Wish I could roll down the embankment like that and just keep rolling away back on home. Back home before the storm and before the one before that, back to levees and families that held up under duress. That was a long time ago. I think but don’t say.

What a cacophony, I say.

Teddy’s never heard that one before. We are both surprised I can still utter a word unfamiliar to a ten-year-old boy in the internet age. He looks at me like he thinks I’m too stupid for fancy words like cacophony, and I look back at him shocked how much he looks like his dad when he looks at me like I’m stupid.

He’s growing up.

I feel sad but don’t say.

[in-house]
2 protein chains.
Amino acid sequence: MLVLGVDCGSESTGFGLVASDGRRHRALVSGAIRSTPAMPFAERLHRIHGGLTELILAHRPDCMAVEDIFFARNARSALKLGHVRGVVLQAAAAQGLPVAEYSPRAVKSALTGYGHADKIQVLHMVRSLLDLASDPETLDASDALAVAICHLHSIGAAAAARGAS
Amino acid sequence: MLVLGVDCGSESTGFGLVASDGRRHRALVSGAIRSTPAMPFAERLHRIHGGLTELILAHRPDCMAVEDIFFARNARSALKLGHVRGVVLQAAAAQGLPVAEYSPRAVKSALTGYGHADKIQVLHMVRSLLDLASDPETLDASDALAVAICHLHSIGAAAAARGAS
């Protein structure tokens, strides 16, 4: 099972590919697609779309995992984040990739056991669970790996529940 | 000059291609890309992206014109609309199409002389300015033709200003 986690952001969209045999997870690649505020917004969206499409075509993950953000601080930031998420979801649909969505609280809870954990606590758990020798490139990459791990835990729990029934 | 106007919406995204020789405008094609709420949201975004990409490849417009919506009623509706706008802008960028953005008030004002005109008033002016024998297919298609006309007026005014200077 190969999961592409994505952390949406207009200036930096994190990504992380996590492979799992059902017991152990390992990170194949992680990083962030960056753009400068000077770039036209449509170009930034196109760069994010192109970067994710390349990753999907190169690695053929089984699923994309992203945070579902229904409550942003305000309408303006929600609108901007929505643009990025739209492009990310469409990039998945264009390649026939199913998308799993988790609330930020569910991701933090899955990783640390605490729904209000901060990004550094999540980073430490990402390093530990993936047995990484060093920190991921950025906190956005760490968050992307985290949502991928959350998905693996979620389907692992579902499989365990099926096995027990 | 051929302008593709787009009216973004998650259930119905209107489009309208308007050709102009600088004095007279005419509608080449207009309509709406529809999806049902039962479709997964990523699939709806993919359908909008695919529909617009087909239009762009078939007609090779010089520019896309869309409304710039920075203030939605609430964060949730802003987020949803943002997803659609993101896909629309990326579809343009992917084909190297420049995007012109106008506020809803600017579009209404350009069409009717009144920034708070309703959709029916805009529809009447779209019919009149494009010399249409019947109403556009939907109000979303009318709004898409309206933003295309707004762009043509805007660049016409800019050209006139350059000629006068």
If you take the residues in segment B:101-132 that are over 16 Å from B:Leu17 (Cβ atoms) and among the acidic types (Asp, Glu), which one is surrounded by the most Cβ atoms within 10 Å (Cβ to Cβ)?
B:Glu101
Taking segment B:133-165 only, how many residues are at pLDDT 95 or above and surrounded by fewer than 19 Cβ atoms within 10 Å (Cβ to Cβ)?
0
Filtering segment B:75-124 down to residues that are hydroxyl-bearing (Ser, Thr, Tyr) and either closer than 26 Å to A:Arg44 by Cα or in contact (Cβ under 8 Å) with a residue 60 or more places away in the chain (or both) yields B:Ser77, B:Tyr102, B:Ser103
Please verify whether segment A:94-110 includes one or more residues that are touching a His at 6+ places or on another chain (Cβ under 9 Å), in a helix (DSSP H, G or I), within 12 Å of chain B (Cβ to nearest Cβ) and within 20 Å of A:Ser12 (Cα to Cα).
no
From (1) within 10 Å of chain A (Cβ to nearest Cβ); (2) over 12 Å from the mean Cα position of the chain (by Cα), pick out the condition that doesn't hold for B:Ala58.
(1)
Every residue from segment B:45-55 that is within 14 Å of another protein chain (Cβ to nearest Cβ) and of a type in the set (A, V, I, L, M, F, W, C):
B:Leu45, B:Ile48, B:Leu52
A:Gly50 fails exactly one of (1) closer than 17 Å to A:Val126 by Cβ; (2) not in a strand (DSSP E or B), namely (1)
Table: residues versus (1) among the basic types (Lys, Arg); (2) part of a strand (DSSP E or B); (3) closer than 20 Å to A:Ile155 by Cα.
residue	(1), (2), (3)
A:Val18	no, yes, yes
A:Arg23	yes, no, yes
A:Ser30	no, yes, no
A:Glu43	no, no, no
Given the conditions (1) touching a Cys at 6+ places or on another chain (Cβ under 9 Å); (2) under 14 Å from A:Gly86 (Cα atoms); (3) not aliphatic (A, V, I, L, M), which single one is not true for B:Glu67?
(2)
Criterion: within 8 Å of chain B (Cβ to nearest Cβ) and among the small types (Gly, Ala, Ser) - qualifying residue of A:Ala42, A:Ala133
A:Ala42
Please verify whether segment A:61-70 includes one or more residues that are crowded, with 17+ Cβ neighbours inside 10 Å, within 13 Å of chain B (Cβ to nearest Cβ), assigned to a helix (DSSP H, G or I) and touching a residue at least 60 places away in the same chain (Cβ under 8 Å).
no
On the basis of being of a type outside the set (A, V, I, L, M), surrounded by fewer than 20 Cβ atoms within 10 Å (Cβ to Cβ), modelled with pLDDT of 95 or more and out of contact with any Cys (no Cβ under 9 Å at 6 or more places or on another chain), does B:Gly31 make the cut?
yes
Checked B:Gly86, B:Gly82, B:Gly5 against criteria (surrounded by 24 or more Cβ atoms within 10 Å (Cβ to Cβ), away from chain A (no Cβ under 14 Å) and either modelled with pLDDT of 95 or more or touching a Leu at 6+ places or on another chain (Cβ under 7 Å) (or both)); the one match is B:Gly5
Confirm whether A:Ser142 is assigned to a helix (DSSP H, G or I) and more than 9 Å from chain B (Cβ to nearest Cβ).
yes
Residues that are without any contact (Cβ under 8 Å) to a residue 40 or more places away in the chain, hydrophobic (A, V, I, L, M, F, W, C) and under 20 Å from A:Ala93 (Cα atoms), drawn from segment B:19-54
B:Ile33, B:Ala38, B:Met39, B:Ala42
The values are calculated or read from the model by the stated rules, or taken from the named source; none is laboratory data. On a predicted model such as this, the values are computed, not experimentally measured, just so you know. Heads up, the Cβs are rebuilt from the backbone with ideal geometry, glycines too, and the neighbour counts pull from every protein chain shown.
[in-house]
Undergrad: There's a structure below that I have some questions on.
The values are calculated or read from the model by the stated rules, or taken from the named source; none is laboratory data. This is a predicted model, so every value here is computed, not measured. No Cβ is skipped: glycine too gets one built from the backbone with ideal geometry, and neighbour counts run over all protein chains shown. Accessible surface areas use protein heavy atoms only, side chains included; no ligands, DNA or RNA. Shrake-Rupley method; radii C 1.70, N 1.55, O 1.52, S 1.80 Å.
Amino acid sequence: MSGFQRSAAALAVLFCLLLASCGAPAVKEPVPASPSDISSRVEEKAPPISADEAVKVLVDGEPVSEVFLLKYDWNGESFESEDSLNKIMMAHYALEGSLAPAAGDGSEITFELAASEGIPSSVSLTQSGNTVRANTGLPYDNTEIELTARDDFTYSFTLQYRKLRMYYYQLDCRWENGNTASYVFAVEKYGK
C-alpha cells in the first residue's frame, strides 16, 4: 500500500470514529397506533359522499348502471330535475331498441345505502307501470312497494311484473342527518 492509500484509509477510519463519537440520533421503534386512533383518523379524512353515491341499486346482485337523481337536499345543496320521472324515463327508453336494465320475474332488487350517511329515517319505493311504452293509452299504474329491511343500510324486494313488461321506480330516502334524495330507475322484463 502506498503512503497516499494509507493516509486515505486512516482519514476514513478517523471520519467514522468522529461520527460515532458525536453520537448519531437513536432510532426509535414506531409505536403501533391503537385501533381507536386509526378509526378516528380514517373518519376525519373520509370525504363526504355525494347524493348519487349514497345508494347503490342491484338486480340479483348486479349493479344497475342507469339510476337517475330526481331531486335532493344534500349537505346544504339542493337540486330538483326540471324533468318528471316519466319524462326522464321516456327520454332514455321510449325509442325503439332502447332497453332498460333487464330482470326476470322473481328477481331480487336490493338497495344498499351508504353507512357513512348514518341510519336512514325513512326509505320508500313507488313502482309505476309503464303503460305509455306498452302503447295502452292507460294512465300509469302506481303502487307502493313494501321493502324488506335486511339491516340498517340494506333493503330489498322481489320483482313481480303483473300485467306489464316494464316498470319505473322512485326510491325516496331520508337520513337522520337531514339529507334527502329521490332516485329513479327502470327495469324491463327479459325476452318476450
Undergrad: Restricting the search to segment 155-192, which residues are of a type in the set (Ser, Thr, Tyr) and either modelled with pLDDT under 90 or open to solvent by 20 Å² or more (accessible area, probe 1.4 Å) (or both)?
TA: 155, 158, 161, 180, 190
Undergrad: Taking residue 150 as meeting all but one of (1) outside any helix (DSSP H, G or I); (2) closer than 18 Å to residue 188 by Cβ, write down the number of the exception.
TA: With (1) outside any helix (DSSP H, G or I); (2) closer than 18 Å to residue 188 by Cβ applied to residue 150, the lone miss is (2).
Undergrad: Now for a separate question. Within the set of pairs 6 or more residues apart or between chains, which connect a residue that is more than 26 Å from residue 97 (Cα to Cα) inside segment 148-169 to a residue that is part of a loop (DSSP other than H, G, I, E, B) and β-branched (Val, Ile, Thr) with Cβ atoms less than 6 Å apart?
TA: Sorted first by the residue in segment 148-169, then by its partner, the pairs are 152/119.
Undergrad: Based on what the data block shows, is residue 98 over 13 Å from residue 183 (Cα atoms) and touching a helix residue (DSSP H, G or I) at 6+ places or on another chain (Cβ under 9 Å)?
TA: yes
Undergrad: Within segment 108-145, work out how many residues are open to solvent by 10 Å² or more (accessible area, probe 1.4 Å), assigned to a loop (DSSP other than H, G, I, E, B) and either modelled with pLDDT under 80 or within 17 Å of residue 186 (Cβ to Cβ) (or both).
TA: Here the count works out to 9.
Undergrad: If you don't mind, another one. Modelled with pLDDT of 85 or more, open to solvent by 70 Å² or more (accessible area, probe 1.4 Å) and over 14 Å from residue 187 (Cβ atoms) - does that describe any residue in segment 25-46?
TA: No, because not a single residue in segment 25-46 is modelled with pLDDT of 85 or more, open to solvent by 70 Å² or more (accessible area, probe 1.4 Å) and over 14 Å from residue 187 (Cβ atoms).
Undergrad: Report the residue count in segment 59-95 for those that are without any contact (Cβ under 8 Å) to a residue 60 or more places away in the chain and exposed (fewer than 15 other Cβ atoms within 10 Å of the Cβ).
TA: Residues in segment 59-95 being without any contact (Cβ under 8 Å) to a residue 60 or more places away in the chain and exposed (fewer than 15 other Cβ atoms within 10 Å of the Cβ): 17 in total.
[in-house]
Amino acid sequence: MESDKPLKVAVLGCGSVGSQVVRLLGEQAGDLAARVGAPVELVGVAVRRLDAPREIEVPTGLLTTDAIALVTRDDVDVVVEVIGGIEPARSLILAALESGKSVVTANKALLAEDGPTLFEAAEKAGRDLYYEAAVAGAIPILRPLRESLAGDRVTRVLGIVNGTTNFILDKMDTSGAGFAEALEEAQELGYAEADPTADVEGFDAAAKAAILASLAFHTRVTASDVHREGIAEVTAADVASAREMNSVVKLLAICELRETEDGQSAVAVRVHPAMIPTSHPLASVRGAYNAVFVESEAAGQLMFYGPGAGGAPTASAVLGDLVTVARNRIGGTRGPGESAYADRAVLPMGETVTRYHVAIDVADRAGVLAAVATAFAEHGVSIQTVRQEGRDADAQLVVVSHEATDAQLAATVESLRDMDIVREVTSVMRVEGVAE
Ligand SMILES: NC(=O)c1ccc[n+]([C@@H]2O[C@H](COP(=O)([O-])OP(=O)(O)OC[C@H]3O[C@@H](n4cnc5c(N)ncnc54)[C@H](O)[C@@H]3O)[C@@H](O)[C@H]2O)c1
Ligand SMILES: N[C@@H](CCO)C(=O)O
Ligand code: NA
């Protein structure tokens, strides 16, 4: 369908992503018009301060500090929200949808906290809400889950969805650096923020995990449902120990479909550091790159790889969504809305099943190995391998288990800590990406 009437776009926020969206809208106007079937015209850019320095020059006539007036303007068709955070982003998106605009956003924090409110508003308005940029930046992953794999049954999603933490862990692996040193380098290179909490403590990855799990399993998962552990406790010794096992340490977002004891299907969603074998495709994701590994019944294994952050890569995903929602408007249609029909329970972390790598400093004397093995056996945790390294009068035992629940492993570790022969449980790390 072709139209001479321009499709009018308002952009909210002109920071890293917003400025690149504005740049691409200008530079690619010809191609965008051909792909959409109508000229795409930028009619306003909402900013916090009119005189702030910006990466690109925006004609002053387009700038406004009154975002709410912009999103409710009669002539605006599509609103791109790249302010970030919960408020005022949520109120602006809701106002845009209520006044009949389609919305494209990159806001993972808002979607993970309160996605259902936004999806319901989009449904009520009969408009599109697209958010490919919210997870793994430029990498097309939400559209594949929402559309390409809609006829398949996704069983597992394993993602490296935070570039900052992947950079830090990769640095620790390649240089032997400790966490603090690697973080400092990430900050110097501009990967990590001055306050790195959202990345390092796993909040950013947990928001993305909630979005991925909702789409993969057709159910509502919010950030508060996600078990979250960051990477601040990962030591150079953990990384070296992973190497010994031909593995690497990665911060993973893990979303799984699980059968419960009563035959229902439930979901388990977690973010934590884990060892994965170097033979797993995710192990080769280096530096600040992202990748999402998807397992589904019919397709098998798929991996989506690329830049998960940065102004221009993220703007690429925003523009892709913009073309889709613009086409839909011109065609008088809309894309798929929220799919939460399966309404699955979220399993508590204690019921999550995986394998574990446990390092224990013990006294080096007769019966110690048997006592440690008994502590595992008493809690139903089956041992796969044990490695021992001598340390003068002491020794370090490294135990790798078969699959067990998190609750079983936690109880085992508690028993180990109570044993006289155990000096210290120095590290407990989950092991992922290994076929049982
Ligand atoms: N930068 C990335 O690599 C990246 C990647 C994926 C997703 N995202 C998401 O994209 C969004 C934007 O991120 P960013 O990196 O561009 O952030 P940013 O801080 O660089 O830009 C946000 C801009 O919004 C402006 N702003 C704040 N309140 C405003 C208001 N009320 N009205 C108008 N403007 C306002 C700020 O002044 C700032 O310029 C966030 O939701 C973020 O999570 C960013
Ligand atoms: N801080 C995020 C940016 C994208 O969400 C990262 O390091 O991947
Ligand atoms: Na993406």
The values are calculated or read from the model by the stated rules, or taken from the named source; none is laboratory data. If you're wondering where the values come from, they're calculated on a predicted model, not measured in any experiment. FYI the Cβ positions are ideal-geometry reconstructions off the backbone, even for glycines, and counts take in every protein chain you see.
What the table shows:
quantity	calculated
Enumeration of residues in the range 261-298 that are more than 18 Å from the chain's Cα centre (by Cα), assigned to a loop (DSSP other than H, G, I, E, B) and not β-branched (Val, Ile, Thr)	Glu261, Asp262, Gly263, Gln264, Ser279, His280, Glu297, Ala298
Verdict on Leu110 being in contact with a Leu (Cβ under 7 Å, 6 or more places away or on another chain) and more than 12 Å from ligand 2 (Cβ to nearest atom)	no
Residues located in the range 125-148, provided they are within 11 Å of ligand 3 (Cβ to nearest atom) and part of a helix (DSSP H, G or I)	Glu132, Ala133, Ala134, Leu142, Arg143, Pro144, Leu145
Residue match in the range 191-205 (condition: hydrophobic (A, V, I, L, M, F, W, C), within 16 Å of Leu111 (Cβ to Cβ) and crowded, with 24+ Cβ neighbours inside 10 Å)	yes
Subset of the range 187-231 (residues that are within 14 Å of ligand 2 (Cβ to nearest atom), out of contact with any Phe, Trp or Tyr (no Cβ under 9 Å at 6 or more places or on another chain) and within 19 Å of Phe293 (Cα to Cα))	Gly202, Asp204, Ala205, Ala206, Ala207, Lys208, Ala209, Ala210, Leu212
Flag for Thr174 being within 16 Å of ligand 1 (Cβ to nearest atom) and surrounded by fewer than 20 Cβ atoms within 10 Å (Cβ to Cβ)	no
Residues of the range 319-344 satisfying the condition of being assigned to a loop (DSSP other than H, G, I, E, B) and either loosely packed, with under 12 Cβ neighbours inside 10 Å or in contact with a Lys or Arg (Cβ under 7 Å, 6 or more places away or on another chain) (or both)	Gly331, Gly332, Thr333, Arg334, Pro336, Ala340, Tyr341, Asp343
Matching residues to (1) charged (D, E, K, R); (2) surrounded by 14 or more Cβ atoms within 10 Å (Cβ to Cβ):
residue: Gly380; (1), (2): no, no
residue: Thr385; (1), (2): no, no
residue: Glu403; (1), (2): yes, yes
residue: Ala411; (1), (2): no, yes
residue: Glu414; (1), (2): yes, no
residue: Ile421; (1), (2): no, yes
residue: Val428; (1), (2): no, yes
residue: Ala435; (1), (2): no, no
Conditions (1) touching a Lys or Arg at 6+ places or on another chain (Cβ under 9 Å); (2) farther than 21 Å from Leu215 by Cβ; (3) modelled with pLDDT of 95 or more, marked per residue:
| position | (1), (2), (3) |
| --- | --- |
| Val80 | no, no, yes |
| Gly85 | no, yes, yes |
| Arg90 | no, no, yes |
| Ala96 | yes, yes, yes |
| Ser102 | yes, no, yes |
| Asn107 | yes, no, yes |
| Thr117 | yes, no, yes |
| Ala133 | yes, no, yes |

There are things I don’t say that are struggling, climbing up inside me all the time like the rats in the pipes that he don’t even know about. He don’t know the scratching sounds in our walls are rats shimmying up the pipes. He’s never seen a city rat. He don’t know what they can do. I won’t say nothing about that.

Wish I could still roll down a hill like that, I say.

He watches the kids because he don’t even want to look at his stupid mom.

The kids make a run straight down the hill and the littlest one face-plants into the gravelly bottom. Hollers, unsettles the birds. He trips a lot because he’s wearing too-big hand-me-down jeans. I know that feeling. It is a clumsiness of my childhood. Thumbs in the beltloops.

I wore your Uncle John’s jeans like that, I say.

Teddy glares into glare at the phone screen like he’ll get to the bottom of this. He don’t believe my stories. I say and say and say.